Eynesbury Primitive Methodist chapel

10 Berkley Street, Saint Neots, Cambridgeshire PE19 2NB

first Eynesbury Primitive Methodist chapel
Keith Guyler 1994
second Eynesbury Primitive Methodist chapel
Keith Guyler 1994
photograph of the interior of Eynesbury Primitive Methodist chapel; c.1897-1900
provided by Randle Knight

Initially the society rented a small cottage to preach in for several years, until 1854 when they hired a room over the infant school.

The first Eynesbury Primitive Methodist chapel in the front street was opened in 1855.  It measured 30 feet by 24, with a vestry 13 feet by 13. At the time of the photograph it was in use as a garage / store.

The second chapel was opened in 1928 and is still in use.  It accommodates 188 people.

In the Primitive Methodist magazine of 1855 there is an account by J. B. Horberry of the laying of the cornerstone for the chapel on Thursday, October 18th, 1855. The stone was laid by the Rev. J. Baker, Wesleyan minister of St. Neots and Rev. P. Turner, Independent minister of St. Neots, preached to “a considerable number of friends assembled on the occasion”

After the ceremony, “the congregation adjourned to the old preaching room, where they partook of an excellent tea. After tea a public meeting was held; Mr. Cooper presided, and interesting addresses were delivered by the Revs. P. Turner, J. Baker, G. Mitchell, of Bedford, and Mr. J. Tack, sen., and the writer. The collections were liberal, and the meeting was truly a good one ; the power of Elijah’s God was felt amongst us. Three backsliders returned to their Father’s house ; several sinners were deeply affected, and seemed to be not far from the kingdom of God.”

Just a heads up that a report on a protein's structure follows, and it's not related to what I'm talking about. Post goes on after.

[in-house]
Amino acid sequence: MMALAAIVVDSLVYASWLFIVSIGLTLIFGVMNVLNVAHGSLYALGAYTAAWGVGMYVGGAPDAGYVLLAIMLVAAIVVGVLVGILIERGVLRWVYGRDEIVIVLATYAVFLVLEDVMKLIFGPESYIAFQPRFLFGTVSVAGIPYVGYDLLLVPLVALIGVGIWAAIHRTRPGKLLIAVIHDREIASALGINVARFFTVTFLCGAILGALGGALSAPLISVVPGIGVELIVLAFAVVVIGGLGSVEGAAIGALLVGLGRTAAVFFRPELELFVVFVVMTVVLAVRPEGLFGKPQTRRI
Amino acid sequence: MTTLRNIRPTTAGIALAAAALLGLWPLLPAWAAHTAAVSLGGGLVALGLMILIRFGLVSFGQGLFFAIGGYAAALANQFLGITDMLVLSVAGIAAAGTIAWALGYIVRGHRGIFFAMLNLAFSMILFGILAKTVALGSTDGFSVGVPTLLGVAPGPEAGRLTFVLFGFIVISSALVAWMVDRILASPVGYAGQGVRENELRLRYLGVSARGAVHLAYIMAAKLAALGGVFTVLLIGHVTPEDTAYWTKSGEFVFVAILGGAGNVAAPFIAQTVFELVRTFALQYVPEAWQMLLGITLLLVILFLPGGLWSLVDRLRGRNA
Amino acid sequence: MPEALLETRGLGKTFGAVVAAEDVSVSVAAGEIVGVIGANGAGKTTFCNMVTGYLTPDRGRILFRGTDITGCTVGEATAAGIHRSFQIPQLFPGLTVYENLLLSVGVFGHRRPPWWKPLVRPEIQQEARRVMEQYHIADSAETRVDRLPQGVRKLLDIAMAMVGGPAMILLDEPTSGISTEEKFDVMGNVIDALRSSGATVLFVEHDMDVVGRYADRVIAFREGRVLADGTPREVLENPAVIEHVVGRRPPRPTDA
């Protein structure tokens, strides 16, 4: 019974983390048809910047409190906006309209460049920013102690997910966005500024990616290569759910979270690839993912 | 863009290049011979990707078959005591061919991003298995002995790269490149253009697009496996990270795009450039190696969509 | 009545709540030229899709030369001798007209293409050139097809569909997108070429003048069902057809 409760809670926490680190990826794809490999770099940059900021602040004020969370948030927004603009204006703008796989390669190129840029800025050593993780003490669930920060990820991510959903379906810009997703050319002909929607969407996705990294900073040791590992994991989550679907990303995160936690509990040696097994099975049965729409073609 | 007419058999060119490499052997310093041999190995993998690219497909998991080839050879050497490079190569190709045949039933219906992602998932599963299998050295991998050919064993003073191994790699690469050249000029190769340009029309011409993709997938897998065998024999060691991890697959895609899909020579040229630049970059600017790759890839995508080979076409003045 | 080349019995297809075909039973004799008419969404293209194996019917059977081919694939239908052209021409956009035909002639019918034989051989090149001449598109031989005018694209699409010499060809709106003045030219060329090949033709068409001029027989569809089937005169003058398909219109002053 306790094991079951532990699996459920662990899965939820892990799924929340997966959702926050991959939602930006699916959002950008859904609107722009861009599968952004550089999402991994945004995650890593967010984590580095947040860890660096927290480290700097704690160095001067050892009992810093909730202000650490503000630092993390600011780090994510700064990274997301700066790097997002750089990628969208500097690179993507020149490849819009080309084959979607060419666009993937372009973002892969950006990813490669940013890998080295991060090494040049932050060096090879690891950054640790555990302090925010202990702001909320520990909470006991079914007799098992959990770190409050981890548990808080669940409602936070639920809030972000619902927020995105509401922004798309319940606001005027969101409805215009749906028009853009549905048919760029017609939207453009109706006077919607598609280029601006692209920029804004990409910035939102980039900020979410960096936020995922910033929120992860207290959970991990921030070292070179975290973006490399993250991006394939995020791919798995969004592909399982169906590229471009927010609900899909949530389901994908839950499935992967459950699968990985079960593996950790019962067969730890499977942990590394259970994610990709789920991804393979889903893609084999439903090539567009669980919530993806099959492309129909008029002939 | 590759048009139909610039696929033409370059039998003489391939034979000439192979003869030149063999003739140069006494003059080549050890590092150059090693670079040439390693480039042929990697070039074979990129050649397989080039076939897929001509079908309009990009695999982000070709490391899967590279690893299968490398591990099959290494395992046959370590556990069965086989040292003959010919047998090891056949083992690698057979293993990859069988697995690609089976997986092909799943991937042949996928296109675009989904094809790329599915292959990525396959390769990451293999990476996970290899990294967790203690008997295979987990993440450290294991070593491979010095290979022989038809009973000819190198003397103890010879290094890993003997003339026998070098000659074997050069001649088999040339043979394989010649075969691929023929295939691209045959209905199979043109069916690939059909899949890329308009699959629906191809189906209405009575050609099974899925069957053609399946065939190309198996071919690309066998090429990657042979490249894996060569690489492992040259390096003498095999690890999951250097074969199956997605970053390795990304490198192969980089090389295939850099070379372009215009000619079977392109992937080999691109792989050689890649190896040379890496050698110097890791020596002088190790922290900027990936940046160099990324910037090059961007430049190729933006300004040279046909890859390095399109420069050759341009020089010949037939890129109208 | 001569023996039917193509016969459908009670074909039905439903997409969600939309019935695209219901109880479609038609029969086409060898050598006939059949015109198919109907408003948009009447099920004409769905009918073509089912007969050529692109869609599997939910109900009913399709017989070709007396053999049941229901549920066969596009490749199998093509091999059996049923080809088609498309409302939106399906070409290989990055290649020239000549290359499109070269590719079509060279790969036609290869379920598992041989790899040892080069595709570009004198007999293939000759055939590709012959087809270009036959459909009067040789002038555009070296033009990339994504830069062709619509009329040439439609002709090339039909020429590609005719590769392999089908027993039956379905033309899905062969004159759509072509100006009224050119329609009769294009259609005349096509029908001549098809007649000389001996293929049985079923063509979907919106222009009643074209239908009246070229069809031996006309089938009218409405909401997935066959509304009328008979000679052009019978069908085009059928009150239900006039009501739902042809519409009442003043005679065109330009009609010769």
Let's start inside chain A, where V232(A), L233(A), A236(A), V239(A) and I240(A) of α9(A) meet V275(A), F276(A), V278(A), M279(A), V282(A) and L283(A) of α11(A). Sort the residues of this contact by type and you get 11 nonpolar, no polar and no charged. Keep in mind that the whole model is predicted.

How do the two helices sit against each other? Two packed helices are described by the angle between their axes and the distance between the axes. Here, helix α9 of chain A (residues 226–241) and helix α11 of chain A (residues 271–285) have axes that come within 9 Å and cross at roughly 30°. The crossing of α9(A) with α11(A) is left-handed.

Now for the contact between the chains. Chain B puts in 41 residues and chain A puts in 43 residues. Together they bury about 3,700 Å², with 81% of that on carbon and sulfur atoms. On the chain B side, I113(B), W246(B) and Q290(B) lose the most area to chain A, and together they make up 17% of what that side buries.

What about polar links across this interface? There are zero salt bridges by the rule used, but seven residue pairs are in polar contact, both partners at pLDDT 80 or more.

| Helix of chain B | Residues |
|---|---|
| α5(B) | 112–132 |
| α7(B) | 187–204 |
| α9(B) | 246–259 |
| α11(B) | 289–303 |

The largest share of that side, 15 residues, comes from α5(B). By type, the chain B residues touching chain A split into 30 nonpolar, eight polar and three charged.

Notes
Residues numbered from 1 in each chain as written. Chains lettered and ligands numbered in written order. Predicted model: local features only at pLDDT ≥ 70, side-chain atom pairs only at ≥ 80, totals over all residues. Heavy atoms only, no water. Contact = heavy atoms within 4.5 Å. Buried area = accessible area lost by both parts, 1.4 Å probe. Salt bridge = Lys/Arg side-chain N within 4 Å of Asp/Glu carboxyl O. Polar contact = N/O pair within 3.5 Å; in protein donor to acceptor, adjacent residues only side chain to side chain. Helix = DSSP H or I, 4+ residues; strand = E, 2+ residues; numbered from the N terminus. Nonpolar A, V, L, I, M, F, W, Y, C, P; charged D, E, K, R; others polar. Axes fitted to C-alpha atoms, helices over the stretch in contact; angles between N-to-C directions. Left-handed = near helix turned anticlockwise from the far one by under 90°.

The opening services and tea meeting on and after December 26th, 1855 were described in the 1865 Primitive Methodist magazine by William Cooper. Addresses were given by Mr. G. Tetley, from Bedford, Mr. Cooper, J. B. Harberry, P. Turner (Independent), J. Bywater from London and J. Tack.

“The collections at all the services were pretty good, considering the high price of provisions. We have collected £38, and are engaged in collecting the remainder required by rule. One backslider was reclaimed on the evening of January 6th.”

The photograph of the chapel interior is from a postcard that was never sent so is undated.. However, the minister is named as Revd Gervase Hall, and he was at St Neots (Eynesbury is in that circuit) between 1897 and 1900.


Primitive Methodist magazine December 1855 pp.752-753

Primitive Methodist magazine March 1856 p.176

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